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finegrit

Contracts and Legalities of Getting Paid

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I've just got back from a few weeks of travelling and checked in and notice a rash of topics complaining about getting screwed over by various clients. Each one's a different case, but I was surprised that most of the problems probably would have been nipped in the bud if contracts had been negotiated and signed.

 

I won't go on at length except to say that in addition to legally protecting your ass, the process of signing contracts also helps separate clients who have at least a baseline professionalism from the amateurs who are going to screw you.

 

Here is a link (posted by someone else a couple months ago) to a sample contract for design services:

 

http://www.aiga.org/content.cfm/standard-agreement

 

Note, it is for print design and needs some significant revision to use it for broadcast, but it is a good starting point.

 

This won't prevent every problem. But the process of negotiation gives you a good idea of who you are going to be working with. If you get a bad vibe during the process, you can walk away before you invest any real time.

 

It is a simple rule: I don't touch a piece of paper or a keyboard without a contract and a 20% deposit.

 

Obviously, freelancing is a slightly different story, but the same approach of negotiating everything (rate, hours, number of days, kill fee, etc) up front still applies.

 

Cheers.

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It's way past time that this topic was pinned.

 

Please supply links and relevant articles, but not spurious commentary to the thread. Thanks Finegrit for finally supplying the straw that broke the camel's back.

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Guest Sao_Bento
So if I am staff, but not contract, is it legal for my company to make me work all night? I just did an all nighter and several 1am'ers. Is that legal? If I just get up leave after my 8 hours and go home and come in the next day (maybe I get fired for missing the deadline) is that legal? I also watched Hoffa this weekend and think we need a mograph union. Although I will get one of those dog locators in my neck so they can find me!

The answer depends on where you're at. The California overtime laws state that anyone who manages other people or possesses a unique skill (such as an artist) is not subject to the overtime laws - sucks to be us unless we start lobbying and get the law changed.

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There is a great book called "Business and Legal Forms for Graphic Designers". It is an indepth book covering all kinds of topics from non-disclosure agreements - work for hire - all right buyout . . ect. I do not remember the price but I looked up the ISBN number which is: ISBN 1581152744. There is also a great deal of advice and break down of legalese about contracts. To top it off . . . all contracts mentioned in the book are included on a CD in word format. This way the contracts can easily be changed to relate more to our business and personalized to your info. Hope this helps. . .. Best thing I have ever done with contract things and well worth the money.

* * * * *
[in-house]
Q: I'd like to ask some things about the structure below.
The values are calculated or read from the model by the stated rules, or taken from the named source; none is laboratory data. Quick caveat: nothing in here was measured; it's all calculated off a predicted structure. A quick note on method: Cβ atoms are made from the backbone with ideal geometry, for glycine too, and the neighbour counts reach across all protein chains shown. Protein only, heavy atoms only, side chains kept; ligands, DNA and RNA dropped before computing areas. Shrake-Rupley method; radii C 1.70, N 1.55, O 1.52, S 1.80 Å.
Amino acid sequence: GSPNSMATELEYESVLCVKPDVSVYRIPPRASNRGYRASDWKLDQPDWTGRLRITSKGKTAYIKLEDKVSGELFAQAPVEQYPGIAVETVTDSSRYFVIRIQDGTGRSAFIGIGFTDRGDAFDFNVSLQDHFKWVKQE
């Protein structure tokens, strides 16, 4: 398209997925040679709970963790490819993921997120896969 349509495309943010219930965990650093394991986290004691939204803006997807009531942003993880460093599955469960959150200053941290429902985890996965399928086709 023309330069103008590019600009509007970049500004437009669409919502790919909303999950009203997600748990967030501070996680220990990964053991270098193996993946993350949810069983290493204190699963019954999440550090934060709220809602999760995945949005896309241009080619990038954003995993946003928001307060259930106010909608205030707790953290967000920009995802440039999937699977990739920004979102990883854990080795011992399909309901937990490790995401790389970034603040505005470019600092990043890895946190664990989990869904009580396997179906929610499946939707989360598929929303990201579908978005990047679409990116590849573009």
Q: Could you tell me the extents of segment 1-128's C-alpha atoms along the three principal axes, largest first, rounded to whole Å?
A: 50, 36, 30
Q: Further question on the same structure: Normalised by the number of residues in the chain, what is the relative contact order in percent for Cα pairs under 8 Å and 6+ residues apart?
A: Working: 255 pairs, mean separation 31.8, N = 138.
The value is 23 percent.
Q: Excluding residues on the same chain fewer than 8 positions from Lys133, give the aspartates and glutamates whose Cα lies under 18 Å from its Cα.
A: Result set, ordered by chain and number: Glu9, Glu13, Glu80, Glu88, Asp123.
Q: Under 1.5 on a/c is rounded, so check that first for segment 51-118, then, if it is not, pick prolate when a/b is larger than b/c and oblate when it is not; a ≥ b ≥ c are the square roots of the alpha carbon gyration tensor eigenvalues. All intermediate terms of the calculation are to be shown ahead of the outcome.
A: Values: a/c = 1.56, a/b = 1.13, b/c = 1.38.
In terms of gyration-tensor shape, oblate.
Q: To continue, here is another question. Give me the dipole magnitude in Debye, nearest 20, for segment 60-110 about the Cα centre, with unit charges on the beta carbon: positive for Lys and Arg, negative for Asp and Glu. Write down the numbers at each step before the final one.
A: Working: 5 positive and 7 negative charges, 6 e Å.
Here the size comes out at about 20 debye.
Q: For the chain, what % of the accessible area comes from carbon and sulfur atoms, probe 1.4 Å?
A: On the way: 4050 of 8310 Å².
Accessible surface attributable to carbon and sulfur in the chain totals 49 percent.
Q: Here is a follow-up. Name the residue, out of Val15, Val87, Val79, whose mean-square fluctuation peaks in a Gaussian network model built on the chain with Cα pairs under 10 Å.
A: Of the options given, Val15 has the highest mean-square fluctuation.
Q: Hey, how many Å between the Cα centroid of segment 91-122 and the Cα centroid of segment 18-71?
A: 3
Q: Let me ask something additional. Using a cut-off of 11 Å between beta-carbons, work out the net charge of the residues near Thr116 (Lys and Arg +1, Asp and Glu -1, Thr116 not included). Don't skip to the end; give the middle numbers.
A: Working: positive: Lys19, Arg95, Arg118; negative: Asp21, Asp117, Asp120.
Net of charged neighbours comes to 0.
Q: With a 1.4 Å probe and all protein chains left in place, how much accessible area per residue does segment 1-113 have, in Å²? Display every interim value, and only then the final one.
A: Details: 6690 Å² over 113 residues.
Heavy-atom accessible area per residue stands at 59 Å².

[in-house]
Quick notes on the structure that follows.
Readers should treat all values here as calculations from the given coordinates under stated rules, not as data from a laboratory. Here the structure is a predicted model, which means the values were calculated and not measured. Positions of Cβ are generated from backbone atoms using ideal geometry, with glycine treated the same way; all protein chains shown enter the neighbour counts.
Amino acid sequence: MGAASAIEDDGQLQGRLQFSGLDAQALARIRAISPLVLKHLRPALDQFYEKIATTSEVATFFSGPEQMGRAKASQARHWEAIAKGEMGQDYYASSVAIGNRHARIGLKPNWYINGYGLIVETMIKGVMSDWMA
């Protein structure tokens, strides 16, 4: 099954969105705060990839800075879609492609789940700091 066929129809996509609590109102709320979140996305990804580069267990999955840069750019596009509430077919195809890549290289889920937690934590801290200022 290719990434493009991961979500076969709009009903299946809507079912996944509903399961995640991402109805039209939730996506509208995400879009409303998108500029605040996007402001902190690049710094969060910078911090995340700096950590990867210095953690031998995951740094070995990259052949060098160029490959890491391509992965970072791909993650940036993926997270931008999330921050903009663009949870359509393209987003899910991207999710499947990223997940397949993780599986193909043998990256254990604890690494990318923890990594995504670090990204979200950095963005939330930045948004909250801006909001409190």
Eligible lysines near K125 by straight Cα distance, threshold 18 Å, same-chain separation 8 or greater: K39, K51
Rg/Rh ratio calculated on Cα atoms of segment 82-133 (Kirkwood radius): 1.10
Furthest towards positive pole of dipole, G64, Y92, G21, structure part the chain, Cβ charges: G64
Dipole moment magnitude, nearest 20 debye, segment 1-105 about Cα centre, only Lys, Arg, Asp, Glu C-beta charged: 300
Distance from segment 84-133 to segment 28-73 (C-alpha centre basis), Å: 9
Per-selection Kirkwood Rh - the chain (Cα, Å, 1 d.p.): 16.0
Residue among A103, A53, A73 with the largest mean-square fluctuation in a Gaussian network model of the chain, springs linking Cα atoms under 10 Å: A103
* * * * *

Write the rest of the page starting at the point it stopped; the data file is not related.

Edit (govinda): Here's the link--

 

http://www.amazon.com/Business-Legal-Forms...s/dp/158115030X

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another great book is updated yearly [i think] by AIGA and is called "Graphic Artists Guild Handbook: Pricing & Ethical Guidelines"... the most recent is the 12th edition

 

the last few editions have started to include "digital media" and other sections that relate to motion design... there is a "look inside" feature on Amazon that shows the index of topics covered. Very useful for writing contracts, etc. and even has some pricing guidelines... always a good idea to have things in writing - keeps everyone's expectations in check and makes sure that you get paid for the amazing work you do!

 

 

AIGA site: http://www.gag.org/pegs/index.php

Amazon

 

hope that helps! :)

Edited by dinks

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In light of the VFX turmoil I keep finding myself wondering how more artists don't focus on this stuff. I'm glad this old thread is still at the top of the pile.

 

Mike Monteiro (Mr. "Fuck you, Pay me" himself) also wrote a book called Design is a Job which was the first and single most helpful book I read when deciding to become a freelancer.

 

In my opinion, it should be mandatory reading.

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http://nationwidecollection.net/

 

They take 33% if they collect. If they can't collect within a month or so, but track down the individual in question, you pay $800 up front for them to go through the court process for you. If you win the judgement, which you will, you get your $800 back plus 100% of the debt owed without them taking that 33% cut.

Edited by AromaKat

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